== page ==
CSCMP's Supply Chain Quarterly
February 21, 2020
Forward Thinking

Running a large supply chain without advanced analytics is "increasingly unrealistic," says Gartner Research

For companies to take full advantage of "big data," they will need to move beyond the analytic or business intelligence tools embedded in traditional supply chain software.

If you want to deliver your product to your customer's doorstep faster than ever before, you don't need your trucks to travel at supersonic speeds. You just need to make your decisions faster. That's one reason Noha Tohamy argues in a recent Gartner Research report that it is "increasingly unrealistic" for supply chain organizations at big companies to think they can operate without advanced analytic solutions. Only with these types of solutions will companies be able to examine large sets of structured or unstructured data to acquire deep insights, make predictions, or generate recommendations, she writes.

At first, companies may be able to rely on the business intelligence or analytics tools that are embedded in existing supply chain technology or enterprise software, such as some transportation management systems or demand planning systems. In her February report, "Deploy Supply Chain Analytical Platforms to Build Flexible Solutions," Tohamy writes that these types of analytic solutions work well for more traditional supply chain operations that focus on process efficiency and continuous improvement.

But eventually companies will reach a point where these solutions will not be flexible enough or versatile enough to handle the large-scale, dynamic problems they're trying to solve or to help with more innovative or experimental modes of supply chain management. At this point, companies should look to analytical platforms, which are "general purpose software that can perform statistical modeling, predictive analytics, and optimization modeling," according to Tohamy.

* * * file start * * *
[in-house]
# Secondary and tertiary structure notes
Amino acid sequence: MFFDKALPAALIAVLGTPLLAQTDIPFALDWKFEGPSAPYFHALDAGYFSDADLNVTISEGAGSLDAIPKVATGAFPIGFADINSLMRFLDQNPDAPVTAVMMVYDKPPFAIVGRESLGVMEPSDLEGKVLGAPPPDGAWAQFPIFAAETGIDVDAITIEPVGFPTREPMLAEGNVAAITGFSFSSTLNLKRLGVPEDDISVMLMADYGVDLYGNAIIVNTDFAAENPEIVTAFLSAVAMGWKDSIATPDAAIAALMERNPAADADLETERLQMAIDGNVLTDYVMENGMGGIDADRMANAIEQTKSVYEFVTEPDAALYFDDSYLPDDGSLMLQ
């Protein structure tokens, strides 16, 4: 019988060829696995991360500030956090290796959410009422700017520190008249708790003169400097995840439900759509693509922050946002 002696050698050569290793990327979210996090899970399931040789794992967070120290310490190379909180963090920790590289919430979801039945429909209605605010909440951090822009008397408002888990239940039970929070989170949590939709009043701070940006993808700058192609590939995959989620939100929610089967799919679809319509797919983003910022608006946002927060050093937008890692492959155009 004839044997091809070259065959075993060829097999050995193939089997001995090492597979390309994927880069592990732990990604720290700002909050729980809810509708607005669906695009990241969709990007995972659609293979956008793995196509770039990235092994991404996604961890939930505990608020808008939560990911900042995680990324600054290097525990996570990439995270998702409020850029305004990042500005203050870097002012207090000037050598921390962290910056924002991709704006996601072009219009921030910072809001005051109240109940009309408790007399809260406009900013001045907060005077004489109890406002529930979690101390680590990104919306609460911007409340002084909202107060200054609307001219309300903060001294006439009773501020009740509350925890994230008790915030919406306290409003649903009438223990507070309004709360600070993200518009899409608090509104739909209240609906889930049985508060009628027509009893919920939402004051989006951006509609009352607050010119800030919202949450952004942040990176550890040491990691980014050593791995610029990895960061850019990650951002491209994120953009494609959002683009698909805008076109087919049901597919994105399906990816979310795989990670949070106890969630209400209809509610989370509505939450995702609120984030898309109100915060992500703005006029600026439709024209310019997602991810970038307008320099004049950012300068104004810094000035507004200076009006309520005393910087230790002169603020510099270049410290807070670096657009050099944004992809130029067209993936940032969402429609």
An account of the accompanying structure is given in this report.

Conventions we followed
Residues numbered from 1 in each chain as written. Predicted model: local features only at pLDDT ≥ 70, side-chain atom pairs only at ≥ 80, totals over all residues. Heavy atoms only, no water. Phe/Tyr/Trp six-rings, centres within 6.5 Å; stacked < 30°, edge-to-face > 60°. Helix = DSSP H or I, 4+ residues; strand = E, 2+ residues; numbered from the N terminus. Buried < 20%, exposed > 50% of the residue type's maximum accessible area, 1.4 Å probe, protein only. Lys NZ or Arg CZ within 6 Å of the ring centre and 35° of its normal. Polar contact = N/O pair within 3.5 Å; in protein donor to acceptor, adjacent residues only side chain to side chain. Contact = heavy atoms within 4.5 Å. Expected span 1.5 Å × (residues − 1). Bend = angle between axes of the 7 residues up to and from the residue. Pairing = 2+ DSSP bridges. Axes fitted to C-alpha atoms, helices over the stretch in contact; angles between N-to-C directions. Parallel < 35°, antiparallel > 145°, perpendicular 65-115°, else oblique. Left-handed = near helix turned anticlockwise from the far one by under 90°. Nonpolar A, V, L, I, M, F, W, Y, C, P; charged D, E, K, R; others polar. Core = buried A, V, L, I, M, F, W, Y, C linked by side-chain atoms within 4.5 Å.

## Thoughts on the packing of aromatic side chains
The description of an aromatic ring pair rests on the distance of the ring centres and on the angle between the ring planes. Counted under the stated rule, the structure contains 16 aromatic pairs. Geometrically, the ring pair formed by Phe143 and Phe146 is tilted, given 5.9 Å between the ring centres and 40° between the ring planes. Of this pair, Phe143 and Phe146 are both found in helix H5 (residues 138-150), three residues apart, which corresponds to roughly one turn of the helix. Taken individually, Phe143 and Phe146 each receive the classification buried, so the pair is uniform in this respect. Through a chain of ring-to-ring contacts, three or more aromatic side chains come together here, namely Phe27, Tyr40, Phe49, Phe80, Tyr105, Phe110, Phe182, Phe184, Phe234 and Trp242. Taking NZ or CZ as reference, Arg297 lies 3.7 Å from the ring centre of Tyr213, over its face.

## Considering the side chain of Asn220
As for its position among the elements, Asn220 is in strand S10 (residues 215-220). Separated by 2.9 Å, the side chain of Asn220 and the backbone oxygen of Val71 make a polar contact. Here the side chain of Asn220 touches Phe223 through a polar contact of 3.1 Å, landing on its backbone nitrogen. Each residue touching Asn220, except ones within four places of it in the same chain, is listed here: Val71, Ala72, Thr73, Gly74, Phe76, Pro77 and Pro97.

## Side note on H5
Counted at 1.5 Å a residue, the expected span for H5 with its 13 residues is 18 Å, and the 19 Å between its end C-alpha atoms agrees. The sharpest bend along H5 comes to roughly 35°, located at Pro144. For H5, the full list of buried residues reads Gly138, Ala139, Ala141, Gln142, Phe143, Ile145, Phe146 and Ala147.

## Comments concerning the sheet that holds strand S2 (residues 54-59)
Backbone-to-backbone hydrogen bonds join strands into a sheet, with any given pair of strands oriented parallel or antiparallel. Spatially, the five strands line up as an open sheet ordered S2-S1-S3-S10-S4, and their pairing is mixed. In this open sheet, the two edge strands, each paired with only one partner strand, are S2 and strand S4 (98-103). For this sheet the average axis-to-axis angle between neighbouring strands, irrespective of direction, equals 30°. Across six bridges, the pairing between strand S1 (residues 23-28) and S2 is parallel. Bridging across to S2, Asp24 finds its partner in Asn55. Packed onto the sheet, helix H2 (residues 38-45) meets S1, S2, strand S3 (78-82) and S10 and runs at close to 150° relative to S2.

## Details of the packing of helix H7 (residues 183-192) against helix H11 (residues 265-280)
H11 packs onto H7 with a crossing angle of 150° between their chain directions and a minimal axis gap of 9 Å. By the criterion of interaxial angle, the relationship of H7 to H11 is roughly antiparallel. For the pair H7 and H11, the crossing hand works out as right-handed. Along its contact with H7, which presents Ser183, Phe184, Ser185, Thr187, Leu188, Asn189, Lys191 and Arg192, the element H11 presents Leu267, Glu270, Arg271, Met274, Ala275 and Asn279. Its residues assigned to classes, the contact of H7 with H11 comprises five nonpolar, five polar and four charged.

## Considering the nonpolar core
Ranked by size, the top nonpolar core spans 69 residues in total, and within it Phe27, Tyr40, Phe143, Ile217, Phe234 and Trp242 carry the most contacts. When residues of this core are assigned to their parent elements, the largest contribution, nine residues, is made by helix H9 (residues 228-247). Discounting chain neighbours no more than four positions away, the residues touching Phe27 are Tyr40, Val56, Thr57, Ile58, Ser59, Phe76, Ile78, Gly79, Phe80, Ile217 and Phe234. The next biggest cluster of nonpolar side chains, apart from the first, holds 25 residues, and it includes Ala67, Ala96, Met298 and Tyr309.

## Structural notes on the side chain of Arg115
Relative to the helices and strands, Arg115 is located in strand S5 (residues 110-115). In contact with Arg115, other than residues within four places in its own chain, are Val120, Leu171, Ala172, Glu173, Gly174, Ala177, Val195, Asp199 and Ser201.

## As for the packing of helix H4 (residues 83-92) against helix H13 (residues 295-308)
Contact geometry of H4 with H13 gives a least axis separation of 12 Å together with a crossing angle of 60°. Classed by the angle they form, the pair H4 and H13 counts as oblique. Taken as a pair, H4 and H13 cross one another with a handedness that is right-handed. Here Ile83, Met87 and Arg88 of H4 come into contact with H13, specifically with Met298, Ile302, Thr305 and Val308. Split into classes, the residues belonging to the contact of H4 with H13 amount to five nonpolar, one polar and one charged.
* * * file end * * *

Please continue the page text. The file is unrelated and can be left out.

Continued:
These platforms allow users either to build their own predictive or prescriptive analytics model without having to use an open-source programming language such as R or Python or to choose an existing one from a "model library." In this way, advanced analytics help companies take advantage of today's wealth of "big data" without needing to hire hard-to-find data scientists. Instead, analytical platforms offer more of a "self-service" style of analytics that allow line-of-business users (or what Tohamy calls "citizen data scientists") to create queries, reports, and models without having a deep background in statistical analysis or data science.

These analytical platforms can be applied to a wide variety of problems. For example, Tohamy cites one consumer products company that has used its predictive and prescriptive analytics model to a monthly sales and operations planning (S&OP) solution, a regional annual planning solution, and a long-term planning app to determine where to build factories in the future.

To use these platforms successfully, however, companies will need to have already achieved a certain level of maturity, including having skilled citizen data scientists, good data quality, and dedicated resources, Tohamy suggests.

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